Food, fashion and entertainment: the human and animal relationship is a controversial affair both on and off campus. On November 6, the department of Political Science brought Camille Labchuk to Brock to discuss “The Rise of Animal Rights Law in Canada”.
“800 million lives are taken from land animals,” said Labchuk. Labchuk estimates that this is the number of land animals killed annually, and does not include sea animals in this measure given the fact that they are measured in weight as opposed to individual life.
“Animals are considered property in Canada and everywhere else around the world.”
Legal status for animals in Canada is meager and most rights given to animals are criticized for only advancing human interest. The Criminal Code is one example. The Criminal Code states that one must not cause an animal “unnecessary pain”. There are many contentions around this clause due to the ambiguity of “unnecessary”, and the fact that an indictable offence (the most serious offences under the Criminal Code) only subjects a person liable to five years imprisonment. Another example are the livestock transport laws in Canada under the Canadian Food Inspection Agency (CFIA): animals are not to be transported for the purpose of livestock if they are not in good shape. Instead, they should be euthanized on the farm. This has brought activists such as Labchuk to question the treatment animals receive during transportation, ultimately deeming the conditions of transportation unethical and unsafe for a healthy or unhealthy animal. Thus, CFIA has put animals between a rock and a hard place, allowing for either the death on the farm, the risk of death during transport or the death upon arrival to the slaughterhouse.
Despite the perceived injustice of these laws, it would not be possible for animals to achieve the little recognition they currently have in Canadian law without people like Labchuk.
Labchuk is now one of Canada’s leading animal rights lawyers and the Executive Director of Animal Justice Canada. Growing up in the Maritimes she witnessed the violence of commercial seal killing; this life experience directly impacts Labchuk’s focus, as protecting Canadian sea animals is her passion.
Prior to the presentation, and during an interview with Women’s Post, Labchuk attributes a lot of her inspiration to her mother, a Green Party politician in Prince Edward Island.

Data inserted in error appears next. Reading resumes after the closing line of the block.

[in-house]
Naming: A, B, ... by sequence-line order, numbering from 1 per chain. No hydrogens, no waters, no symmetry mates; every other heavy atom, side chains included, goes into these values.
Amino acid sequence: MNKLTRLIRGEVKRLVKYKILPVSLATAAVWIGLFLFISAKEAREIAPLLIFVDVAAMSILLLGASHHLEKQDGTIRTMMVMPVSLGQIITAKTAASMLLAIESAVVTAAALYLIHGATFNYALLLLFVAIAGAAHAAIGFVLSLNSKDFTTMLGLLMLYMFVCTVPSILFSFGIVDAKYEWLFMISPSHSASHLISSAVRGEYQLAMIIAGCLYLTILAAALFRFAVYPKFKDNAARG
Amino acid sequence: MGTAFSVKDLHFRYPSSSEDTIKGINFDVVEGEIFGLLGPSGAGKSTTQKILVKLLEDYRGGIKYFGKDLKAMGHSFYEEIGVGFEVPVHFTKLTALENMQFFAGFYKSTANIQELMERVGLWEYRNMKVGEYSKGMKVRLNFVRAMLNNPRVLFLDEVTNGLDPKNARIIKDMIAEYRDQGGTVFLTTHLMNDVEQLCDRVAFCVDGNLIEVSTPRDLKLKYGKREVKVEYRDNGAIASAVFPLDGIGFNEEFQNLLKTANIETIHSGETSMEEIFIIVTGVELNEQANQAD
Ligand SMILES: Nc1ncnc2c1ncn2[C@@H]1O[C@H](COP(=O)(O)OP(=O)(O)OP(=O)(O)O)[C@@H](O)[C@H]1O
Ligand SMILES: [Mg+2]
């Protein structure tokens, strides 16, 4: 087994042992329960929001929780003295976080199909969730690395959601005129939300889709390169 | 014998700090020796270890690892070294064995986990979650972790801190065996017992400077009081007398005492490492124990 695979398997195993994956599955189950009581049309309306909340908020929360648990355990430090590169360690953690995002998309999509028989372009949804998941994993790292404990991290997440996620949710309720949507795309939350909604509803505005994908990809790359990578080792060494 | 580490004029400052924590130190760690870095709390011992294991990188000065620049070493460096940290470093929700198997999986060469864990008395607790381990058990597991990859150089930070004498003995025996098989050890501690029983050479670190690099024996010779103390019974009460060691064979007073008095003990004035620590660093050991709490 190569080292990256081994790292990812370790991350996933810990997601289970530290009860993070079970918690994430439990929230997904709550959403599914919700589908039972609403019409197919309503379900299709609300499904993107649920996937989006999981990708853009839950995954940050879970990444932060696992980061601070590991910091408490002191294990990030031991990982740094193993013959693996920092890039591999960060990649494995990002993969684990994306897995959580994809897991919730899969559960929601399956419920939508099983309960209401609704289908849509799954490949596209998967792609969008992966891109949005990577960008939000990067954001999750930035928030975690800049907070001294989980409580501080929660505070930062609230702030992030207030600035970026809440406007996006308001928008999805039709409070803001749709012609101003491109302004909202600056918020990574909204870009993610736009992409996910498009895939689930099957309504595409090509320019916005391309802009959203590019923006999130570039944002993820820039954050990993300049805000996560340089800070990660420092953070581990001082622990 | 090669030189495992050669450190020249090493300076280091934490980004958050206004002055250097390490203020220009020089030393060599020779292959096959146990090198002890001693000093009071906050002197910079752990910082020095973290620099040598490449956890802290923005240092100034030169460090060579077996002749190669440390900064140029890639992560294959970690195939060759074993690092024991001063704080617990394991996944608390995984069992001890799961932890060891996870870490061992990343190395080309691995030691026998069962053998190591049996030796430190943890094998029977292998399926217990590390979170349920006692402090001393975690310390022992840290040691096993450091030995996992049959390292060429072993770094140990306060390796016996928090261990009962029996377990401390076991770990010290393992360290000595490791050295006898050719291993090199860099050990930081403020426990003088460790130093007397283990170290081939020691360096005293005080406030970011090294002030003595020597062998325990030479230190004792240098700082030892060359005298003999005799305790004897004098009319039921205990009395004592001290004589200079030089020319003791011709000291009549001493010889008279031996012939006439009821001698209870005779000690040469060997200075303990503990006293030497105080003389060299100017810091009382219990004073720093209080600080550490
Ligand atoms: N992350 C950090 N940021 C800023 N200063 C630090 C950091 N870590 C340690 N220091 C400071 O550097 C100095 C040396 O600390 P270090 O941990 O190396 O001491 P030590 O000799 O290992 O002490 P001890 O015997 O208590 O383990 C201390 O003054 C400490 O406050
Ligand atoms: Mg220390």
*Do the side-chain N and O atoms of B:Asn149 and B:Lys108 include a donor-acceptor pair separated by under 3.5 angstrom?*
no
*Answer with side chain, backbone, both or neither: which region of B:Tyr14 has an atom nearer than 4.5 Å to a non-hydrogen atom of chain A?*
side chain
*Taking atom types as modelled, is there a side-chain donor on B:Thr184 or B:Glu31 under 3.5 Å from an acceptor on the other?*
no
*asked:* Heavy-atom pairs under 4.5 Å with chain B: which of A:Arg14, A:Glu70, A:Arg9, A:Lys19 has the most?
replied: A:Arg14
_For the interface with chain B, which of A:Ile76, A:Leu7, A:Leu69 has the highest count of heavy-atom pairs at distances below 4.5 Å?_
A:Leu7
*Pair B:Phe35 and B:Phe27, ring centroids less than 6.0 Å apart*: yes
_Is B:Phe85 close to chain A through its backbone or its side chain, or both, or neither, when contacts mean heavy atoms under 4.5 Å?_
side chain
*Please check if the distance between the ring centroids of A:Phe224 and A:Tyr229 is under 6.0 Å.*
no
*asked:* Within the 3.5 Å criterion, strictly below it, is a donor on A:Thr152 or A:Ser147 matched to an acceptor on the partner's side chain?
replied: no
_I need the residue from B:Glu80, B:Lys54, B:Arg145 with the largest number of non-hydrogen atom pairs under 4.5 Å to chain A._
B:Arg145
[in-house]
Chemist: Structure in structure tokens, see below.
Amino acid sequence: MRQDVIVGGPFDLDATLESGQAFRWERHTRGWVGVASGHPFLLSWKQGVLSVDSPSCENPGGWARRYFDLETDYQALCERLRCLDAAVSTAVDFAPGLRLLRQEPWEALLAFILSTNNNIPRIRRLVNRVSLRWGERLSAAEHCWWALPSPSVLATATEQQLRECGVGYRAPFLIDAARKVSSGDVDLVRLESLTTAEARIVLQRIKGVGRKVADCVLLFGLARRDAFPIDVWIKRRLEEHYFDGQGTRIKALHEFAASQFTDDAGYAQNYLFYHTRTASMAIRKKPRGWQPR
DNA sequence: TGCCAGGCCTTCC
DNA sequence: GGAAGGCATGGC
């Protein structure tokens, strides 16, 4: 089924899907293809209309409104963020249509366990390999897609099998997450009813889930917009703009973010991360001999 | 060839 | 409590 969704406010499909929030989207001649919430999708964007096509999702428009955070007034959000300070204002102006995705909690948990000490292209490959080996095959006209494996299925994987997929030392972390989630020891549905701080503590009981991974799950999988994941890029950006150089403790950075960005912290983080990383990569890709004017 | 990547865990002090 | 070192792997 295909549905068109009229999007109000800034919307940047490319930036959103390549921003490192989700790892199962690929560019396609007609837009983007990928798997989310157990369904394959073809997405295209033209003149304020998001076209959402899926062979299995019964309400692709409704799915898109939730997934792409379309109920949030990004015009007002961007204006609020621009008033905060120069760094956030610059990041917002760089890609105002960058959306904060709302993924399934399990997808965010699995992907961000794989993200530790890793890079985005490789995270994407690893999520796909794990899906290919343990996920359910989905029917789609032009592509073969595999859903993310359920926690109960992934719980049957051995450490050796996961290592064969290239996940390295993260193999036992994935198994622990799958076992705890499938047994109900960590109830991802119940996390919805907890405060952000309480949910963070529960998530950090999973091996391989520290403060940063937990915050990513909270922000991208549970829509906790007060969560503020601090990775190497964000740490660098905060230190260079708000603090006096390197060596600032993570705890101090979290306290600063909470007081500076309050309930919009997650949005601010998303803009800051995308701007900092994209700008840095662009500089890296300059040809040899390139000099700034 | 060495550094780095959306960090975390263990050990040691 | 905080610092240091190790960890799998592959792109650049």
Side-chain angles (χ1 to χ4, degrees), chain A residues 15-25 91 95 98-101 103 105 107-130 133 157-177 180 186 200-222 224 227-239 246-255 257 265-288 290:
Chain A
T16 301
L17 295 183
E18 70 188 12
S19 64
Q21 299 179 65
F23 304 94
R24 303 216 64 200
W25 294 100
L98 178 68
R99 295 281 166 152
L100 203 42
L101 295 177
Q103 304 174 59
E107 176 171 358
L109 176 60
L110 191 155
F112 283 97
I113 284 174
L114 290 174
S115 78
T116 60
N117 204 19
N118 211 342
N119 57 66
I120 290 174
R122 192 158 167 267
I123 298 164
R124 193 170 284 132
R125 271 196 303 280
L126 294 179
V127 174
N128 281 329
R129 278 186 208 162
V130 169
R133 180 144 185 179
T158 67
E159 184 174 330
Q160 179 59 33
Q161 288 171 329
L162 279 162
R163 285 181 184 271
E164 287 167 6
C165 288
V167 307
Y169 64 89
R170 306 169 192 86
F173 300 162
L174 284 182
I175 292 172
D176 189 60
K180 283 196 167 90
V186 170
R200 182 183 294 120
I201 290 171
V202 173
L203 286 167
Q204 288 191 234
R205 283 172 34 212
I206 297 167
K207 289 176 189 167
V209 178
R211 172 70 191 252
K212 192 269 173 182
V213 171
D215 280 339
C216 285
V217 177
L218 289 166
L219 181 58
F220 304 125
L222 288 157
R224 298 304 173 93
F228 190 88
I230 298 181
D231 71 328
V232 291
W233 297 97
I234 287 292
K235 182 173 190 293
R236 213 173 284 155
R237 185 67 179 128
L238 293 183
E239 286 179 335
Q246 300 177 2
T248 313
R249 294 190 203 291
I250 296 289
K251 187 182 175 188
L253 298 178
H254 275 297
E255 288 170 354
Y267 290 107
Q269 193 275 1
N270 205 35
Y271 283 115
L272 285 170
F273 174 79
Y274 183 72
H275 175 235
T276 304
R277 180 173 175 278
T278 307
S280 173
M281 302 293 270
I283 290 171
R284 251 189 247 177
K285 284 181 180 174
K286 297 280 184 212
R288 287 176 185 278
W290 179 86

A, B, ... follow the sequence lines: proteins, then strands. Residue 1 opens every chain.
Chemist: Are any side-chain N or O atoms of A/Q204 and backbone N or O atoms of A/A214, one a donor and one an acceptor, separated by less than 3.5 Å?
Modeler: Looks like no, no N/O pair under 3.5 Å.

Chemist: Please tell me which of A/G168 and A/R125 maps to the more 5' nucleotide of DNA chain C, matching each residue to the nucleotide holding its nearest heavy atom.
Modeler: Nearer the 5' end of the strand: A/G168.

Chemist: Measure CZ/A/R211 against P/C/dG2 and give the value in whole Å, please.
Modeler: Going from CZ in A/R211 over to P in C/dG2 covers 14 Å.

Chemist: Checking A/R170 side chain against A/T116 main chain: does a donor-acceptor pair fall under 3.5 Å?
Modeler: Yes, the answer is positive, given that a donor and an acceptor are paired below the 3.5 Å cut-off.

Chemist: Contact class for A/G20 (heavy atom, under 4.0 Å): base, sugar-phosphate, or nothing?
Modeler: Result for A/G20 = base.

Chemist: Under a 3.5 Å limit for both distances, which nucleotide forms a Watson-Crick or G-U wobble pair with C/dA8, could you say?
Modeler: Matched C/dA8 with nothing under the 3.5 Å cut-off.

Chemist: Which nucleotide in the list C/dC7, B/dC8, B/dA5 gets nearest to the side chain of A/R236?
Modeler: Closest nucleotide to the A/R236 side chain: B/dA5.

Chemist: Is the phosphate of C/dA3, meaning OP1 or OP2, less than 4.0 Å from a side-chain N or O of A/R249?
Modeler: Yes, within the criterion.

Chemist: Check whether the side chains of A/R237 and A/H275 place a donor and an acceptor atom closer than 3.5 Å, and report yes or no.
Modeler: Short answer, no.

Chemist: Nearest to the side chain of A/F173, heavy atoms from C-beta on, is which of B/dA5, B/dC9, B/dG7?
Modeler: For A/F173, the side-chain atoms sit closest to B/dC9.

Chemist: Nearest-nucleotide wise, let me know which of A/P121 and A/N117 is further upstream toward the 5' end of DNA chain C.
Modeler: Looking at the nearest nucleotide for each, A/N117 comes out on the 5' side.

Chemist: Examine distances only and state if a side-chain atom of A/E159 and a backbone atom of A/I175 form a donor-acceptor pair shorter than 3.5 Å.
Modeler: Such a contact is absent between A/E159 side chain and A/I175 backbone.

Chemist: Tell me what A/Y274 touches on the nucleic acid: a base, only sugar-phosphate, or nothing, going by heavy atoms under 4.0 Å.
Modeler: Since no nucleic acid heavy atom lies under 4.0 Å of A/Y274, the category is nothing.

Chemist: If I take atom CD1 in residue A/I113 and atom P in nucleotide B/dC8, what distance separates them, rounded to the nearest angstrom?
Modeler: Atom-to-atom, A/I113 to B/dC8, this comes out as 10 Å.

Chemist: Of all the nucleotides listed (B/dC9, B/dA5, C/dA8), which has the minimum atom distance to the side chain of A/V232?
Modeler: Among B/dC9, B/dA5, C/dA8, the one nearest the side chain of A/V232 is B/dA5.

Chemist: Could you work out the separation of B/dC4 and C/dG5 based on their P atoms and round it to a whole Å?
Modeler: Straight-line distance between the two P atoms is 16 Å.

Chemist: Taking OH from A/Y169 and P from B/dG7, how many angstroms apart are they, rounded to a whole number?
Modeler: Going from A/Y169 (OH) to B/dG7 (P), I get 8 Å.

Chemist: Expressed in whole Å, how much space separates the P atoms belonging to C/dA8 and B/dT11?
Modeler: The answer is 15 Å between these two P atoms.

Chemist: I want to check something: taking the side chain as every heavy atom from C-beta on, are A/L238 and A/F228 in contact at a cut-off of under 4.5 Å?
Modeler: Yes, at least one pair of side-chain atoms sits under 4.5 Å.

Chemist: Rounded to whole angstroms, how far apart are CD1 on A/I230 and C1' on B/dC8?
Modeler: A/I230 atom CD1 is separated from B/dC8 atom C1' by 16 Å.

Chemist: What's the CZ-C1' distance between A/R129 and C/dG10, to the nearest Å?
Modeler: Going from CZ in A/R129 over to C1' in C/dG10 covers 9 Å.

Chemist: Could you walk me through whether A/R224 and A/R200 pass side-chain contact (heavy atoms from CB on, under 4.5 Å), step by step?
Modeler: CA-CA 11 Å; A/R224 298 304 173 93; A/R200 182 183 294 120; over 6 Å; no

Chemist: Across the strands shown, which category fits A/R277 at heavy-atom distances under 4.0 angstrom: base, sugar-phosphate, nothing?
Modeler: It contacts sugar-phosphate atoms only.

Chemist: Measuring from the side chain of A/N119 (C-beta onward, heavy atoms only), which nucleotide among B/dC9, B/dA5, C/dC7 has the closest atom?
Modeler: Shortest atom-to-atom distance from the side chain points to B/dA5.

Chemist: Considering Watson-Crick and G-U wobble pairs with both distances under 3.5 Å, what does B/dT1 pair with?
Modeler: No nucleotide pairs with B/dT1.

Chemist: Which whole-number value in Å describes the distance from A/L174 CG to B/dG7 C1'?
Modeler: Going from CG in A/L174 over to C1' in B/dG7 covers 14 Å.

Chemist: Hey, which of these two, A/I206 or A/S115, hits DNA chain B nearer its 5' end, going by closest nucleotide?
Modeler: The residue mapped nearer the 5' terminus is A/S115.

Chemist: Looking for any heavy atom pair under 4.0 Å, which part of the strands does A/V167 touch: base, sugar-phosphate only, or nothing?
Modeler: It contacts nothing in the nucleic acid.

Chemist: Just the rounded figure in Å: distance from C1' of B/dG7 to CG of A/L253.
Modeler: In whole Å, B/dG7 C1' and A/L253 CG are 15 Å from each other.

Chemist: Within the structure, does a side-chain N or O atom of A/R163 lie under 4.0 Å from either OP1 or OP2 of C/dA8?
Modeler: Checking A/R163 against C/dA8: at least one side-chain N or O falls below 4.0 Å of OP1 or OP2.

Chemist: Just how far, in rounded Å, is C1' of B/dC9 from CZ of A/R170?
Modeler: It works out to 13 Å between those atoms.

“My mom was a single mother and an environmental activist. She single-handedly took on the pesticide industry in [Prince Edward Island.] She was very active when I was growing up and I had a role model from a very young age that taught me a woman can do whatever she wants and can accomplish a lot.” said Labchuk.
While her passion and activism were sparked at an early age, Labchuk explained that there is still much to be done. The presentation examined the various legal Acts in progress that could advance animal rights in Canada.
To name a few, Bill S-238: Ban on Shark Fin Importation and Exportation Act, would amend the amend the Fisheries Act and the Wild Animal and Plant Protection and Regulation of International and Interprovincial Trade Act, which would stop the importation of shark fins.
Bill S-214: Cruelty-Free Cosmetics Act would amend Food and Drugs Act, which would prohibit cosmetic animal testing and the sale of such cosmetics.
Bill S-203: Ending the Captivity of Whales and Dolphins Act, would amend the Criminal Code and other Acts, which would end the captivity of whales and dolphins. This act is particularly relevant to the St. Catharines community given the relative distance to Marineland in Niagara Falls.
Labchuk’s purpose in explaining the Acts to the crowd was to ask for their help in advocating on the animals’ behalf.
“Public opinion motivates actors in the legal system to do the right thing,” said Labchuk. “If they know that enough people want it [the Act] to pass, that is something they will do.”
According to Labchuk’s presentation, we can begin our advocacy at the local level. Municipalities are here to listen to us, and working with our local politicians could foster into something positive for animals.
“Municipalities are an untapped area for animal advocates,” said Labchuk.
Tapping into municipal politics is one way to advocate on behalf of animals. Another way is already happening right here at Brock.
Animal advocacy happens in the classroom. Brock has many faculty members who focus on the human and animal relationship. These professors work within the departments of Sociology, Child and Youth Studies, Political Science and Labour Studies, to name a few.
Students are also advocating. Brock Students for Animal Liberation (BSAL) is a campus advocacy group that aims at ending animal exploitation through public education and direct action initiatives. The group hosts various events throughout the year, a few of which include critical discussions and making visits to local animal sanctuaries and hospitals. BSAL extends themselves into the community as they sometimes partner with Niagara Farm Animal Save for some events. The group uses their Facebook page to advertise most of their events – this page is accessible through the url www.facebook.com/BrockAnimalLiberation.
If you are not keen on working with municipalities like Labchuk suggests, BSAL provides an opportunity that is less time-consuming but still driven by passion. Labchuk’s presentation focused on using political pressure to advance animal rights. BSAL takes a different approach by encouraging community engagement.
Labchuk left the Brock community to ponder upon their relationship with animals. There is no denying that Canadian law does not protect animals as well as it could. One question remains: what can we do about this?
“We must motivate enforcement,” said Labchuk.